It’s fall in the South and the muscadines are getting ripe. If you aren’t familiar with muscadine grapes, it’s time to introduce yourself. September and October are the prime months for enjoying this prolific native of the southeastern United States that grows wild and thrives where the climate is hot and humid.
Muscadine grapes are large as compared to other varieties and grow in small clusters. They can range in color from very dark purple – almost black – to bronze and green. The muscadine is known for its extremely tough, thick skin that helps the grapes resist rot and mildew in their native humid climates. They make a healthy, low-calorie snack, can brighten up a salad, make scrumptious jams and jellies and like their distant cousins, can be used for making wine. And, in addition to being delicious and versatile, muscadine grapes are extremely nutritious, providing more antioxidants than almost any other fruit.
Carbohydrates. A ½ cup serving of muscadine grapes provides between 6.3 and 10.2 percent of an adult’s daily carbohydrate needs. Carbohydrates are your body and brain’s main source of energy, to fuel your daily activities.
Fiber. Almost 30 percent of the carbohydrates in muscadines come from fiber. Fiber is the part of plants that your body can’t digest. It adds bulk to foods, making you feel fuller and plays a major role in weight management, a healthy digestive system and may play a role preventing colon cancer.
Vitamins. One serving of muscadine grapes contains vitamin A, vitamin C, and the B vitamin riboflavin. Vitamin A is important for healthy eyesight and for the reproductive system. Vitamin C supports immune system health and plays a role in wound healing. Riboflavin aids energy production and metabolism.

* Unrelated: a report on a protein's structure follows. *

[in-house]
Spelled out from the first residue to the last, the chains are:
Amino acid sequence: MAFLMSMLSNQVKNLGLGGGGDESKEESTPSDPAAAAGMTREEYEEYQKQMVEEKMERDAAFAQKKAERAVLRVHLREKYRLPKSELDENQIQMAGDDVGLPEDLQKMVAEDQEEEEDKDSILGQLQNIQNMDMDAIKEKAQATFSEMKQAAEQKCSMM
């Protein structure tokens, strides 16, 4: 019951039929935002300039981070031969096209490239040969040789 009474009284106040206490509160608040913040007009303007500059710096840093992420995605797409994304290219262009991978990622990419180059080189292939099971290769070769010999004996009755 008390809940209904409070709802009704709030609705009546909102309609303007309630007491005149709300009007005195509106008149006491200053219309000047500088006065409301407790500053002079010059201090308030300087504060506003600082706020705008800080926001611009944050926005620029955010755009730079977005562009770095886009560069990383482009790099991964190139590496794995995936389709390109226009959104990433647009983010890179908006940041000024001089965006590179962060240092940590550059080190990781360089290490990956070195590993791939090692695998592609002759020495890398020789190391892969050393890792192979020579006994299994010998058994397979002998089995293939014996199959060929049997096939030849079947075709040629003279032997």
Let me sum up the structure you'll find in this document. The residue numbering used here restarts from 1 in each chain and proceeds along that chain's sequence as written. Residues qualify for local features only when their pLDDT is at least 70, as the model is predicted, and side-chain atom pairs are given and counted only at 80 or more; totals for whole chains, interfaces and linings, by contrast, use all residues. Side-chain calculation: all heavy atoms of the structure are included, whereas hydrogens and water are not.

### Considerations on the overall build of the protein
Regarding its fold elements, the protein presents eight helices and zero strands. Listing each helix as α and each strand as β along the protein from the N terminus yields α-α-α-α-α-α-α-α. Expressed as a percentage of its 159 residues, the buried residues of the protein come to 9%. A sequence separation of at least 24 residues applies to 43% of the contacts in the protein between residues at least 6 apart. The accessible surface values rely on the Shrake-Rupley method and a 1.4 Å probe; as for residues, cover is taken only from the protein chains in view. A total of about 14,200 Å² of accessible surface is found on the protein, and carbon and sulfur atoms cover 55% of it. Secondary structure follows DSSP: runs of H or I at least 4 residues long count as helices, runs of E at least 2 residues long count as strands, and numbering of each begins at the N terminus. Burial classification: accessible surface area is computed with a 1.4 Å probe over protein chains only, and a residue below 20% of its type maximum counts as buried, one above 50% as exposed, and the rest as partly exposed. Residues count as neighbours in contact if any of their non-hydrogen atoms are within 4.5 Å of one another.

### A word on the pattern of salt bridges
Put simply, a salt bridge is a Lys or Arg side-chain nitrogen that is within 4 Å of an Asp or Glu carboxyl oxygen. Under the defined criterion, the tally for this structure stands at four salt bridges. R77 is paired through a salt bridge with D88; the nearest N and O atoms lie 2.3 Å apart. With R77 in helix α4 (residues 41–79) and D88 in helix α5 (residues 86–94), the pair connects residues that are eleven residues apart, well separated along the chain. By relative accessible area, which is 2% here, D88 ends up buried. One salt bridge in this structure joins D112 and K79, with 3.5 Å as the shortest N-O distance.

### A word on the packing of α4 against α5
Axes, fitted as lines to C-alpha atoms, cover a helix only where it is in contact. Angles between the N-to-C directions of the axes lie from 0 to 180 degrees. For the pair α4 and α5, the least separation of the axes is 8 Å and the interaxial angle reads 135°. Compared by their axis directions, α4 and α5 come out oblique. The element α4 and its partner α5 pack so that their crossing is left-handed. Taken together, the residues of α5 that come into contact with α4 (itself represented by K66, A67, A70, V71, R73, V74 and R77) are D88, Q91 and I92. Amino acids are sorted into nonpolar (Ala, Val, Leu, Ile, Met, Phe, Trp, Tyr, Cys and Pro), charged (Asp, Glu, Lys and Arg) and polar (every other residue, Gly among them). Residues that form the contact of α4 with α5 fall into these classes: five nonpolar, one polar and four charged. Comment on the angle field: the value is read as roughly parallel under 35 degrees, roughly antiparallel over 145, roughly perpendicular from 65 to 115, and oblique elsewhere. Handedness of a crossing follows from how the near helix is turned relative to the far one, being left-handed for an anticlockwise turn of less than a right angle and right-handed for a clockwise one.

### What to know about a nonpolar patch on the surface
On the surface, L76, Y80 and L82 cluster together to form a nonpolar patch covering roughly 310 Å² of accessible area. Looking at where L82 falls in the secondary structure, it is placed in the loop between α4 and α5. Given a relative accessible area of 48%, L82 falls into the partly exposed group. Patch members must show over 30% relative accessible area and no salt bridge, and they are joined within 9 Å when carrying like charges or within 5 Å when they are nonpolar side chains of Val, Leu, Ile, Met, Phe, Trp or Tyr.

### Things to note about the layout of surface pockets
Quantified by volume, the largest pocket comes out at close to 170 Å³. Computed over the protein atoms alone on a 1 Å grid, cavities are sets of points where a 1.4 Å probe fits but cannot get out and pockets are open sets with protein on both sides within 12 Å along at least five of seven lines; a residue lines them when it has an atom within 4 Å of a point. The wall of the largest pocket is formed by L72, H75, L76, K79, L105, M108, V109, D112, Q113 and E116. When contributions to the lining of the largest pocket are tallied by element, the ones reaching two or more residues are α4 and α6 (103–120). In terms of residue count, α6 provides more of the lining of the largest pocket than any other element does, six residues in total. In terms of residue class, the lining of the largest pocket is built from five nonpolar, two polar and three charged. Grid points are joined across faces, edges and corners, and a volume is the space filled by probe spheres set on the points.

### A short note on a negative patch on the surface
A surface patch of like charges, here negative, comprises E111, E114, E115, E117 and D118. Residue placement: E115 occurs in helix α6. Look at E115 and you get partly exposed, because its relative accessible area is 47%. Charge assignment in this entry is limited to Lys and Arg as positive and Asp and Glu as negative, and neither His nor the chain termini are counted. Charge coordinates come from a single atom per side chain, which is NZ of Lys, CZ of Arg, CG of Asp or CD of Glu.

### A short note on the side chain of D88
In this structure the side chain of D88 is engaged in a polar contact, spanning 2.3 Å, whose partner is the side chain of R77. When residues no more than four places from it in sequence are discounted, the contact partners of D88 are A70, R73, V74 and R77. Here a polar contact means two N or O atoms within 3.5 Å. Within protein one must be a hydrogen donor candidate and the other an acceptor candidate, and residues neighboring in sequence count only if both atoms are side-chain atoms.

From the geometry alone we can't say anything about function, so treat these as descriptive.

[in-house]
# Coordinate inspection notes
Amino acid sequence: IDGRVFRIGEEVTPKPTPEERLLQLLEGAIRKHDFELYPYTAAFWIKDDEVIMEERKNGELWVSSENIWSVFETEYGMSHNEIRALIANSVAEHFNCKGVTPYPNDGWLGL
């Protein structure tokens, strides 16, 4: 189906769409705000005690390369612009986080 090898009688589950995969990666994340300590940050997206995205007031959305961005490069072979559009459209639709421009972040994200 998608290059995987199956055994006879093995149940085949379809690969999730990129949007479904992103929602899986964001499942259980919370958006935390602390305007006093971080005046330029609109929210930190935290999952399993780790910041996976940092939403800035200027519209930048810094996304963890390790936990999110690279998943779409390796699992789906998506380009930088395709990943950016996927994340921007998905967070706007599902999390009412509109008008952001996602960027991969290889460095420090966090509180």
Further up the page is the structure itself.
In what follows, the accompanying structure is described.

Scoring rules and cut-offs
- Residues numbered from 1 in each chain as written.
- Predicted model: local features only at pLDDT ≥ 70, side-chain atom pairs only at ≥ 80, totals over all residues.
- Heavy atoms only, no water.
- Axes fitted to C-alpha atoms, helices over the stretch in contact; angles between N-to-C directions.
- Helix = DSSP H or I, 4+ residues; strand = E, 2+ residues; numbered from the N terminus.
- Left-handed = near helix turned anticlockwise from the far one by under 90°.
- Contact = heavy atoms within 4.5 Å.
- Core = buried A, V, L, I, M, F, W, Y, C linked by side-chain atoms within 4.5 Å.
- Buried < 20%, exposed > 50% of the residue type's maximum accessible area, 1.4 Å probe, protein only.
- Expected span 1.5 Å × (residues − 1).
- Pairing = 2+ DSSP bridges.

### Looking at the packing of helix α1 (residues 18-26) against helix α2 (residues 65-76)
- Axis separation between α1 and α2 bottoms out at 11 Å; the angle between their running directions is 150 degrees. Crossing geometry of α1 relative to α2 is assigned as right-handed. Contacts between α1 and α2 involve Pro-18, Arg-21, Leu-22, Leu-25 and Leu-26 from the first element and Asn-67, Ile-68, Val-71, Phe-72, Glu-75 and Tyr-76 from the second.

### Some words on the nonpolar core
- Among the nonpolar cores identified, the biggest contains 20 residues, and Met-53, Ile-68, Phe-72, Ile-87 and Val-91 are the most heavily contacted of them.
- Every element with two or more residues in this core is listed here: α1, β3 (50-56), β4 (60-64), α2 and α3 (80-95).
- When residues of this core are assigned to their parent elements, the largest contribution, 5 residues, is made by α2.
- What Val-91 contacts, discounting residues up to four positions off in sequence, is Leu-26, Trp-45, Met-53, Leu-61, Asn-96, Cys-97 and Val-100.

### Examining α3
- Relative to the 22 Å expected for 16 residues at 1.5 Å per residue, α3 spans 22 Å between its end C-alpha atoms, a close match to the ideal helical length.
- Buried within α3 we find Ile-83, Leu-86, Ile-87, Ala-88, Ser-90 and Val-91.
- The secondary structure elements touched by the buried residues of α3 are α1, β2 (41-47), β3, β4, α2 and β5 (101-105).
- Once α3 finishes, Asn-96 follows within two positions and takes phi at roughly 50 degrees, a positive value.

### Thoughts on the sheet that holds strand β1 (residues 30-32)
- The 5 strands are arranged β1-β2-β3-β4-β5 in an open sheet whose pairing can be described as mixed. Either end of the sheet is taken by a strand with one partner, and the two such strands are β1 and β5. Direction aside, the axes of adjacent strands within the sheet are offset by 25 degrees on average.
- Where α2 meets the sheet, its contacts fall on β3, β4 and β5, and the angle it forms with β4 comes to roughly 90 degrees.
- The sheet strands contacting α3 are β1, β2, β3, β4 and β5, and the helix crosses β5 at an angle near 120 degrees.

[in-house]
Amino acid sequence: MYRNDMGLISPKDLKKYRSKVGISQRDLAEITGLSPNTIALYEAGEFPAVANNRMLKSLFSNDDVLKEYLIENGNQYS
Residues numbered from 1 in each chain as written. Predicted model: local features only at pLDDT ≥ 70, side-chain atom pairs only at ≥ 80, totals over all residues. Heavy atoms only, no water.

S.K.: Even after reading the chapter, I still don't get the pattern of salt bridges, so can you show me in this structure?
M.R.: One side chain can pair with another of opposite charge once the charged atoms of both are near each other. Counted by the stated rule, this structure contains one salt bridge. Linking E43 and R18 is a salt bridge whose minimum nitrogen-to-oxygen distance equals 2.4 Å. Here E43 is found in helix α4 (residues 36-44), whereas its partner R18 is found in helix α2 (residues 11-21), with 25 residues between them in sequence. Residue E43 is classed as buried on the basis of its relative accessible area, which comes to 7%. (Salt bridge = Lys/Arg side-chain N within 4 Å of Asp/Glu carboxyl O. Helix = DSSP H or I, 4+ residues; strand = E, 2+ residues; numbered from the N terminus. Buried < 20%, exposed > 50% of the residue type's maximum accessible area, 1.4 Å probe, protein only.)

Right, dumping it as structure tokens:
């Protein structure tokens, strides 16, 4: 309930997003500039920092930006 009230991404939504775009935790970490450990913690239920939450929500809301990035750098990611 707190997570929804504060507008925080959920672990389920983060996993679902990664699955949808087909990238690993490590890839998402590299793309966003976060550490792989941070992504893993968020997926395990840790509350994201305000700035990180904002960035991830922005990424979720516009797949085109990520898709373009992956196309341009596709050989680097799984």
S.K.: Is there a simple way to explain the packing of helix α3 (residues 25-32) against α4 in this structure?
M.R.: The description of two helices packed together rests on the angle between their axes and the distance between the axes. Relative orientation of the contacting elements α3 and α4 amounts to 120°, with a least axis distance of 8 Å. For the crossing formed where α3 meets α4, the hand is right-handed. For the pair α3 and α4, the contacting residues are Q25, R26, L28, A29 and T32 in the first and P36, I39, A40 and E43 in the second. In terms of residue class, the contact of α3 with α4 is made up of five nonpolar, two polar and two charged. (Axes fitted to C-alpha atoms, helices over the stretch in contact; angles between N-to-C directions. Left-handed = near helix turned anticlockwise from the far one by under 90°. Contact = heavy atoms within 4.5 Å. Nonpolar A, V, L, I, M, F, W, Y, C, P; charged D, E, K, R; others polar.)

Minerals. Muscadines contribute minerals to your diet, including calcium, for strong bones and teeth, magnesium, which helps the body synthesize protein and phosphorous, for bone mineralization and energy production. It also contains 5 percent of the RDA for potassium, critical for sodium balance and nerve function.
Antioxidants. All grapes are rich in antioxidants plant chemicals that reduce oxidative stress, prevent cell damage, and fight free radicals that cause cancer and other diseases. Muscadines are especially rich in the polyphenolic compound resveratrol, which has been studied for its antioxidant benefits in numerous diseases, including cancer and heart disease.
Another group of polyphenols called flavonoids have anti-inflammatory and anti-cancer effects and play a role in cellular enzyme function. They may also play a key role in antibiotics resistance and the prevention of neurodegenerative diseases.
Note: When eating muscadines whole, be sure to leave on the skins to preserve the healthy nutrients that are contained in it.
My first memories of the mighty muscadine came in the form of homemade jelly lovingly created by a favorite aunt. I think muscadines and scuppernongs make the prettiest jelly of all. The combination of its sweet and twangy (not a typo) flavor is a perfect compliment to toast, biscuits and rolls. Yum! I get hungry just thinking about it. I would later come to appreciate the muscadine’s role in Mississippi wine production – due to it’s preference for hot, humid growing conditions and resistance to insects, rot and mildew that plague other grape varieties. While a little sweet for my taste, muscadine wine makes a refreshing wine spritzer with a little clear soda like Sprite, garnished with a fresh sprig of mint.